The military has taken over Myanmar’s courts and moved them inside prisons to prosecute anti-regime activists, as calls grow for judges to join the mass strike of civil servants.
When Ko Min Naung Khine was brought before a three-member military tribunal inside Insein Prison on September 10 of last year, the insignia on their uniforms told him that his judges were a lieutenant-colonel from the artillery, a major from signals and a captain.
While some public sectors saw hundreds of thousands of staff go on strike following the military coup in February 2021, 29-year-old Min Naung Khine was one of just a handful of judges to join the Civil Disobedience Movement – a decision that got him arrested.
His legal background made the absurdity of his subsequent military trial even more excruciating, he said.
“They sit on their chairs and read the files they have been given. Then they ask for a plea. If a defendant pleads ‘not guilty’, they do not know how to respond,” he told Frontier in October.
He says his appearance before the tribunal lasted 15 minutes and the way it functioned and handed down its verdict was “ridiculous”.
“If someone pleaded ‘not guilty’ they would order the prison guards to take him or her out of the tribunal and pretend to be taking time to consider the verdict. However, they don’t have to consider anything because the verdict has been written for them in the file they have been given,” he said.
In Yangon, military tribunals pass judgement in a room deep inside Insein, a notorious prison where hundreds of political prisoners have been detained since the coup. Figures compiled by the Assistance Association for Political Prisoners show that nationally at least 8,835 people were charged, arrested or sentenced for political reasons last year.
Min Naung Khine, who is believed to be the first judge who went on strike, was the deputy township judge in Bago Region’s Monyo Township before the coup. In June last year, he and his family and some apprentice lawyers living in his home were arrested and brought to the North Okkalapa Township police station in Yangon.
The group included Min Naung Khine’s mother, who is also a lawyer, and his wife, who holds a master’s degree in law. The next day, all were released, except Min Naung Khine, who was transferred to Insein Prison the following month. In September, the military tribunal sentenced him to three years in prison for incitement under section 505-A of the Penal Code. The next month, he was released under a mass amnesty marking the Thadingyut holiday.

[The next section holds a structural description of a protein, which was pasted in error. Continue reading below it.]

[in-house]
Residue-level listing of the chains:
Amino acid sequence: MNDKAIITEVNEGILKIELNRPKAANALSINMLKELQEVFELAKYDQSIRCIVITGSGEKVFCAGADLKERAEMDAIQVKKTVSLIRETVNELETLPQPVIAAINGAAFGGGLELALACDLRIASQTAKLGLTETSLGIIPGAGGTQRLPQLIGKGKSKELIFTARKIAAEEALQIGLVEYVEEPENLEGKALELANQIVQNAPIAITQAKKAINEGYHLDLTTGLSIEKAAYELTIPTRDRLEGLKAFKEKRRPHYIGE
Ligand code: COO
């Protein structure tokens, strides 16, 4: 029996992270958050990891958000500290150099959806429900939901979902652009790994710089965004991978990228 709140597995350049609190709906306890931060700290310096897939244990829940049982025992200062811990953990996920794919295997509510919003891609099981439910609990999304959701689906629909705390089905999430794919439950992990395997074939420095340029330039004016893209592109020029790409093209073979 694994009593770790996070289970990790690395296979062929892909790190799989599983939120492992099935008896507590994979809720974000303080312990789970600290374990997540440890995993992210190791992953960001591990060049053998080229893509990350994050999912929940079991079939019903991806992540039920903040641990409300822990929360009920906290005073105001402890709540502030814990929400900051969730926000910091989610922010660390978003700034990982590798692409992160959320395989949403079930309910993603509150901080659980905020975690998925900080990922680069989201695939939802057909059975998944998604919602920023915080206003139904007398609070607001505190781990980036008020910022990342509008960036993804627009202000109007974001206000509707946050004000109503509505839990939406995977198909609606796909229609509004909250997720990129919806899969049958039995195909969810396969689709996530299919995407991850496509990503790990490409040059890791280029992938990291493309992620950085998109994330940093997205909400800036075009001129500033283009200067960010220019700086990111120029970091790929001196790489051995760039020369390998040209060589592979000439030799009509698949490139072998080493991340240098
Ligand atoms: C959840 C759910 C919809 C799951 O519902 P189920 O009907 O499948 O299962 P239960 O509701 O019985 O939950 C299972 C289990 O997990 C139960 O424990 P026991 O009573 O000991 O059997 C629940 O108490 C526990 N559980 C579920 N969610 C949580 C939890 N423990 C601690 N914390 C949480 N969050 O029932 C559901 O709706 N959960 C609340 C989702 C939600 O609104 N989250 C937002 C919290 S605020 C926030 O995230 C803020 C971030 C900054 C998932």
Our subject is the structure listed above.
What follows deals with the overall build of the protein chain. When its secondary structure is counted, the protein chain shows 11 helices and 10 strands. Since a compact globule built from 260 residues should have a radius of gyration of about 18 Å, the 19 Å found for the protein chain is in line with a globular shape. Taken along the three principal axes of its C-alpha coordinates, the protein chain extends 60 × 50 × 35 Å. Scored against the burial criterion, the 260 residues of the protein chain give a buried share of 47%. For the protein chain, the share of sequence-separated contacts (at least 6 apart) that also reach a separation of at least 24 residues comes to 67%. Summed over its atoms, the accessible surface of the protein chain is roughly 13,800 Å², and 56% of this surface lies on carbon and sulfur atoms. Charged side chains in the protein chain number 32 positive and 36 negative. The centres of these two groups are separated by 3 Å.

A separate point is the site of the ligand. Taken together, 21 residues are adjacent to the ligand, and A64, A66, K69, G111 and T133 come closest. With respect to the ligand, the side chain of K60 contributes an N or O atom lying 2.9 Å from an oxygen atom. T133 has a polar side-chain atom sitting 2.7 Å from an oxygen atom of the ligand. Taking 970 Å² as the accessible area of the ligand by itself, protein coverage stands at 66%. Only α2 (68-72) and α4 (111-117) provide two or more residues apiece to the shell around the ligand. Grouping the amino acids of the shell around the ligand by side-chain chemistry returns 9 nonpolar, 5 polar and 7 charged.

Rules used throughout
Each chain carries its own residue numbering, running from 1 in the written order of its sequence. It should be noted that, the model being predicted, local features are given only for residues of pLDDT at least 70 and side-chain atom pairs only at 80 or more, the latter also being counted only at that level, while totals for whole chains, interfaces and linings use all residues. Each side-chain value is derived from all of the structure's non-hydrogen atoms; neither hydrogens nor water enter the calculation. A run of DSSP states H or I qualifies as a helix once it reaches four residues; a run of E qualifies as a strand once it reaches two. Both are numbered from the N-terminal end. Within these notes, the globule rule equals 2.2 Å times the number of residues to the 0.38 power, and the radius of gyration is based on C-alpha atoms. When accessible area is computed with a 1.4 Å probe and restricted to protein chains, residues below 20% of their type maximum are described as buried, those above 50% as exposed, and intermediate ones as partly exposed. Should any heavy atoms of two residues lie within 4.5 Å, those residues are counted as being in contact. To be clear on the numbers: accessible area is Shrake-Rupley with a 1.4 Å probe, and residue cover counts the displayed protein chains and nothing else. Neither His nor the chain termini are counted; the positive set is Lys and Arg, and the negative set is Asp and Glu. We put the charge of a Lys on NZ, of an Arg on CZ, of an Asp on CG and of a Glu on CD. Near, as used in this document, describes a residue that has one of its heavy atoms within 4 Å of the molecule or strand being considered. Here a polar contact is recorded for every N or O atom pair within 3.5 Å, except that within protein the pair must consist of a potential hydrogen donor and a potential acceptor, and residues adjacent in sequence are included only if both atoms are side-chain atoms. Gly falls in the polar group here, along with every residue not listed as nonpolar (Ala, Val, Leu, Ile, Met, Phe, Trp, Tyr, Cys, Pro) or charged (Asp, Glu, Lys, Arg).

After his release from Insein in October, Min Naung Khine, was appointed permanent secretary of the National Unity Government’s Ministry of Justice. The NUG was appointed by lawmakers elected in the 2020 polls, which the military refused to recognise.
“The judicial system has been destroyed and is incapable of delivering justice in cases involving politically motivated charges,” Min Naung Khine said.
Lawyer Daw Thwe Thwe Soe, leader of the Your Legal Advisers team, which provides services to political prisoners, echoed that assessment. At one hearing, she said, she saw a note written on a remand document ordering the judges not to acquit the defendants. “The military council controls judges and decides their verdicts for them,” she said.
Inside the military tribunals and special courts
The regime established military tribunals inside Insein Prison in March last year, after declaring martial law in six Yangon Region townships amid mass demonstrations and military-led massacres of unarmed protesters.
Numerous lawyers told Frontier that defendants cannot expect legal representation in these military tribunals but do have lawyers at special courts, although they still can’t expect a fair trial.
The special courts hear cases from townships not under martial law, and also operate inside the prison. The four military tribunals are based in the old prisoner vocational school inside Insein, while the special courts are in the prison gymnasium, a Buddhist religious centre, and a primary school.
The special courts in Insein hear cases every day, mostly related to political offences, and family members are not allowed to attend hearings. The judge sits in front of a Myanmar flag, with the defendants’ lawyers to his left and the prosecution lawyers to the right. At most special court hearings, defendants have to sit on the floor, lawyers told Frontier.
Min Naung Khine said a man who appeared at the military tribunal before him wrongfully received a 10-year sentence for incitement under section 505-A of the Penal Code; the maximum penalty under that section is three years. Moments after the erroneous sentence was handed down, the tribunal judges made a phone call and then recanted.
“The judges cannot change the verdict after it is issued,” Min Naung Khine said.
Political prisoners without a legal background are similarly derisive of the judicial system under the junta.
“The trial process is meaningless. It’s just a sham. The judges and the lawyers know it’s a sham,” said artist U Min Zaw Oo, better known as Maung Phoe. He and his wife, Daw Hline Zar Chi Phway, were arrested in April last year on 505-A charges and sent to Insein, before being released in October. Maung Phoe was arrested for his protest art, including images showing junta chief Min Aung Hlaing committing suicide.
They were released after the junta accepted an appeal from Maung Phoe’s mother-in-law to show mercy – a process that cost more than K3 million (about US$1,500) in various fees and bribes, according to Maung Phoe.
Lawyers say that under orders issued by the junta for political cases, verdicts are required within 60, 90 or 180 days, depending on the complexity of the case. The charges against Maung Phoe and his wife had a 180-day deadline, but they were released before then.
The arrangement in Insein Prison is far from unique. There are special courts and military tribunals in prisons throughout the country, some of which have been used to sentence prominent members of the National League for Democracy, which controlled the government that was overthrown in last year’s coup.